Avanti. Canda Pradyota the ruler of Avanti (Capital, Ujjain) had married the fourth daughter of Cetaka, by name Shiva. Pradyota was called �Canda� or fierce, for he was temperamentally very excitable and was also the possessor of a large army. There is a story which says that he was fond of Mrgavati, the elder sister of wife, who had been already married to King Satanika of Vatsa, that he asked for Queen Mrgavati from Satanika, and that on the refusal of the latter he declared a war against him. Satanika appears to have died before actual hostilities could start; and when Mahavira visited Kausambi a little later, he induced Canada Pradyota to give up his feeling of revenge and to allow Mrgavati to become a nun. Thereupon Satanika�s son, Udayana, became the king of Kausambi. Between this Udayana and Pradyota�s daughter, the peerless Vasavadatta, there developed a long romance, round which a large cycle of Sanskrit stories has been written. Udayana, as we mentioned above, is claimed by Jaina tradition as having had respect and sympathy for the Jaina church; but Pradyota also had undeniable sympathy for the Jaina faith. There is a mention that along with Mrgavati of Kausambi , eight of his own queens, Angaravati and others, with his permission, joined the order.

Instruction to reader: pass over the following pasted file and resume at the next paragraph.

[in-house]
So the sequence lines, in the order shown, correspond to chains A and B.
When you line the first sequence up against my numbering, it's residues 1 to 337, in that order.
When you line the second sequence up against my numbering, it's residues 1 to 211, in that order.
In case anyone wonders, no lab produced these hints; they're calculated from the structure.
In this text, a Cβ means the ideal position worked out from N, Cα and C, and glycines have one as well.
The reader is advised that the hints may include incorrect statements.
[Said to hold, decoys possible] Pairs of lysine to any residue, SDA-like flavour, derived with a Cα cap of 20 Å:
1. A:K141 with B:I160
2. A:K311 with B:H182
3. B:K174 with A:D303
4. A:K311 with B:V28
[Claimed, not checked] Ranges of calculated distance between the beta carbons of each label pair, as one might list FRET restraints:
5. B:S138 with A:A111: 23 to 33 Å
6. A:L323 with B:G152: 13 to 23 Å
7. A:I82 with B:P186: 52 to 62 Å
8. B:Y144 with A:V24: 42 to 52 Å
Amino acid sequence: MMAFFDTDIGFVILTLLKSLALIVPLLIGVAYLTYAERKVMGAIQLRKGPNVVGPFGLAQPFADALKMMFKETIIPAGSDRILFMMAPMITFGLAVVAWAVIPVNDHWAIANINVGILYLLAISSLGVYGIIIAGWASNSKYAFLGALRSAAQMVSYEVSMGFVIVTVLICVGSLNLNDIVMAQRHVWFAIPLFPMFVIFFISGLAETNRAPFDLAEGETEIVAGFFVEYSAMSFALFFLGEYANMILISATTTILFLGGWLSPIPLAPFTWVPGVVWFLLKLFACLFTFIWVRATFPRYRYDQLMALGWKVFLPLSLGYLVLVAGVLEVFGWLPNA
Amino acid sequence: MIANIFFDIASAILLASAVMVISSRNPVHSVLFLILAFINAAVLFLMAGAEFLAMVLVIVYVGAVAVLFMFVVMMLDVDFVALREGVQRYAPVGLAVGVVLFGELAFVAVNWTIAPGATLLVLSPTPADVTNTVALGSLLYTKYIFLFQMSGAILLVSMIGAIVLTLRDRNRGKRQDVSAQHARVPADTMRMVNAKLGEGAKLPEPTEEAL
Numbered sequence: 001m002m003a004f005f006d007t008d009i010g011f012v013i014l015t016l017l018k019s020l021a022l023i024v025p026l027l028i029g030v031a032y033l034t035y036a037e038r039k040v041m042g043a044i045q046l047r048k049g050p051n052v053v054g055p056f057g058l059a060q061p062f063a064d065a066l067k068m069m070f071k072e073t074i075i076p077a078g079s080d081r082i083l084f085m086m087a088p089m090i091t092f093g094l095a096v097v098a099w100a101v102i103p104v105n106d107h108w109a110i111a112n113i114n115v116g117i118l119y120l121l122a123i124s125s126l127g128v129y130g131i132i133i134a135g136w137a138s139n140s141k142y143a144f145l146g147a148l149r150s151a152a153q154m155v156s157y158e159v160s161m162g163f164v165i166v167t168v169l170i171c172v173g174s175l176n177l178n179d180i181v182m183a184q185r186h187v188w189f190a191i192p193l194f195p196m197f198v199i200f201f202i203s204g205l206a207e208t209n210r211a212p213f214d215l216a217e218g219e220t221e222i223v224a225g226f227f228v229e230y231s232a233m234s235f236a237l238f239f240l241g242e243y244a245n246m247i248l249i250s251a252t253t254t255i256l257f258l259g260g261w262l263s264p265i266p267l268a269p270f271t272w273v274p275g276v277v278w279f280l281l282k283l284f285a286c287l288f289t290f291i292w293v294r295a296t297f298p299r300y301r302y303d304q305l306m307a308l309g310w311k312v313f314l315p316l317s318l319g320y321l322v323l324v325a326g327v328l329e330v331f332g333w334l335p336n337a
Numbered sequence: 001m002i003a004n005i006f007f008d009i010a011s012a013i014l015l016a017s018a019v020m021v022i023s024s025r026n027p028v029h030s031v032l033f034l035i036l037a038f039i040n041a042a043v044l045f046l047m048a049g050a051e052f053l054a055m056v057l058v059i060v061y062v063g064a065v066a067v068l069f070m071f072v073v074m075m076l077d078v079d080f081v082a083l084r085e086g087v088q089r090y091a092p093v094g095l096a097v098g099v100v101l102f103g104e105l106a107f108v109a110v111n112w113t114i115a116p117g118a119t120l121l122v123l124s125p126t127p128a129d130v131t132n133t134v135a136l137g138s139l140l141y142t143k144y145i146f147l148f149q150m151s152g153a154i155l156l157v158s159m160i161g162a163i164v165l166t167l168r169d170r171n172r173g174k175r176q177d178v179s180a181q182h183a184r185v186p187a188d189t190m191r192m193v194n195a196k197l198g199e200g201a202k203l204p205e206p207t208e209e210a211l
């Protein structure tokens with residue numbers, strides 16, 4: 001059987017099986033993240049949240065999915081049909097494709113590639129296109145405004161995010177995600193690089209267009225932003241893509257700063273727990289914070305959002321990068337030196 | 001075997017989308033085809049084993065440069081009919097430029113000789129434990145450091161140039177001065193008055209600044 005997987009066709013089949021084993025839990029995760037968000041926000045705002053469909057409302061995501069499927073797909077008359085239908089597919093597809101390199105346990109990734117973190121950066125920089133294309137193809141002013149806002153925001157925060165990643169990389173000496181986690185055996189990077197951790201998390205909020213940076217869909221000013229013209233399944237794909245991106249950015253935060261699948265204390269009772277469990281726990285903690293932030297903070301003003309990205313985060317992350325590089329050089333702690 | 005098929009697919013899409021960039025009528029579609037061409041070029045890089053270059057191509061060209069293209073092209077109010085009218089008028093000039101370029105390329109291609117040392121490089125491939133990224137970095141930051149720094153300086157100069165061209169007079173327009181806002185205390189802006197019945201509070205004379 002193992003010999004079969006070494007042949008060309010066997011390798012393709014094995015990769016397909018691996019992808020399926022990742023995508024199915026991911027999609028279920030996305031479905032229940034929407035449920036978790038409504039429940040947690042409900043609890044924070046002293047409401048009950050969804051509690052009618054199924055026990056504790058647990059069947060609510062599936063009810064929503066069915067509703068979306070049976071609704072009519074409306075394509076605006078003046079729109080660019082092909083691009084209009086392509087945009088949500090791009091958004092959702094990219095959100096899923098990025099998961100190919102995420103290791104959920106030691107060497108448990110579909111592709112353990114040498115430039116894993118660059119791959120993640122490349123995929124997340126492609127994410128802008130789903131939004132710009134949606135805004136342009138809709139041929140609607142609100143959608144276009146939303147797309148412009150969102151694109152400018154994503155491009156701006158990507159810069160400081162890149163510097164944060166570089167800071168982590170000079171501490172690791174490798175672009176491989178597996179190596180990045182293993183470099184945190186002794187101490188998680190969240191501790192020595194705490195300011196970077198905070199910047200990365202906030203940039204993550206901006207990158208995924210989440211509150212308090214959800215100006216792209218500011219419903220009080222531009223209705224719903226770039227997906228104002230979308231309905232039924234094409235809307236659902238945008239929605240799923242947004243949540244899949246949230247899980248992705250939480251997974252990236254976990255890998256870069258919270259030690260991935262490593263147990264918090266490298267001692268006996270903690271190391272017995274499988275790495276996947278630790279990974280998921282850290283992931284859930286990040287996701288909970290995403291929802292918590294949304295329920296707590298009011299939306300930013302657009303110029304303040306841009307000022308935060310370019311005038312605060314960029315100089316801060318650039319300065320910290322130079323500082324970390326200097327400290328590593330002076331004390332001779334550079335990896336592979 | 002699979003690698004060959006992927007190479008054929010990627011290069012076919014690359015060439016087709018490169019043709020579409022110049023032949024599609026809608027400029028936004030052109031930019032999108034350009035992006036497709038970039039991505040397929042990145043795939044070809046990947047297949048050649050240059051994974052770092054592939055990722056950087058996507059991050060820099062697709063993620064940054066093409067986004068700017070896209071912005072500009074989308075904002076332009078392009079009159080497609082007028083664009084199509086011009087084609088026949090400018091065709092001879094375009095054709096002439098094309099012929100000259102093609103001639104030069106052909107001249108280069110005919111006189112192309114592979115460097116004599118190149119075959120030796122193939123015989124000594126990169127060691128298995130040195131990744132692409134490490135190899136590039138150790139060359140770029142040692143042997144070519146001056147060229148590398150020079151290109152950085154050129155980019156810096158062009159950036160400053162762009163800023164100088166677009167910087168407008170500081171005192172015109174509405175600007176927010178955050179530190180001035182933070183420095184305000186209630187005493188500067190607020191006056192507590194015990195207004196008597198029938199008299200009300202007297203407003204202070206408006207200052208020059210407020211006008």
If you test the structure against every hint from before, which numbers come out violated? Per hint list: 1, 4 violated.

Campa, capital of Anga. The ruler of Campa, which was always recognized to be a great center of Jainism, was Dadhivahana, who married Padmavati, the second daughter of Cetaka. Dadhivahana�s daughter, Candana or Candanabala, was the first woman who embraced Jainism shortly after Mahavira had attained the Kevala. Jaina literature described in great detail the story of Candana. During the invasion of Campa by King Satanika of Kausambi, Candana was caught hold of by one of the enemy�s army and was sold in Kausambi to a banker named Dhanavaha. After a short time the banker�s wife Mula, felt jealous of her and having cut her hair, put her into custody. In this condition she served a part of her food to Mahavira, and finally joined his ranks as a nun. She headed the order of nuns in Mahavira�s sangha. Campa seems to have been situated at a distance of a few miles in the neighborhood of modern Bhagalpur. Its importance as a center of Jaina influence is evident from the fact that Mahavira spent three of his rainy seasons in Campa. After Mahavira�s death Campa was visited by Sudharman, the head of the Jaina Sangha, at the time of Kunika or Ajatasatru. Ajatasatru seems to have transferred his capital from Rajgrha to Campa of the death of his father; and Jaina tradition mentions that the King �came bare-footed to see the Ganadhara outside the city where he had taken his adobe,� Sudharman�s successor, Jambu, and Jambu�s successor, Svayambhava, lived at the city where he composed the Dasavaikalikasutra, containing in ten lectures all the essence of the sacred doctrines of Jainism.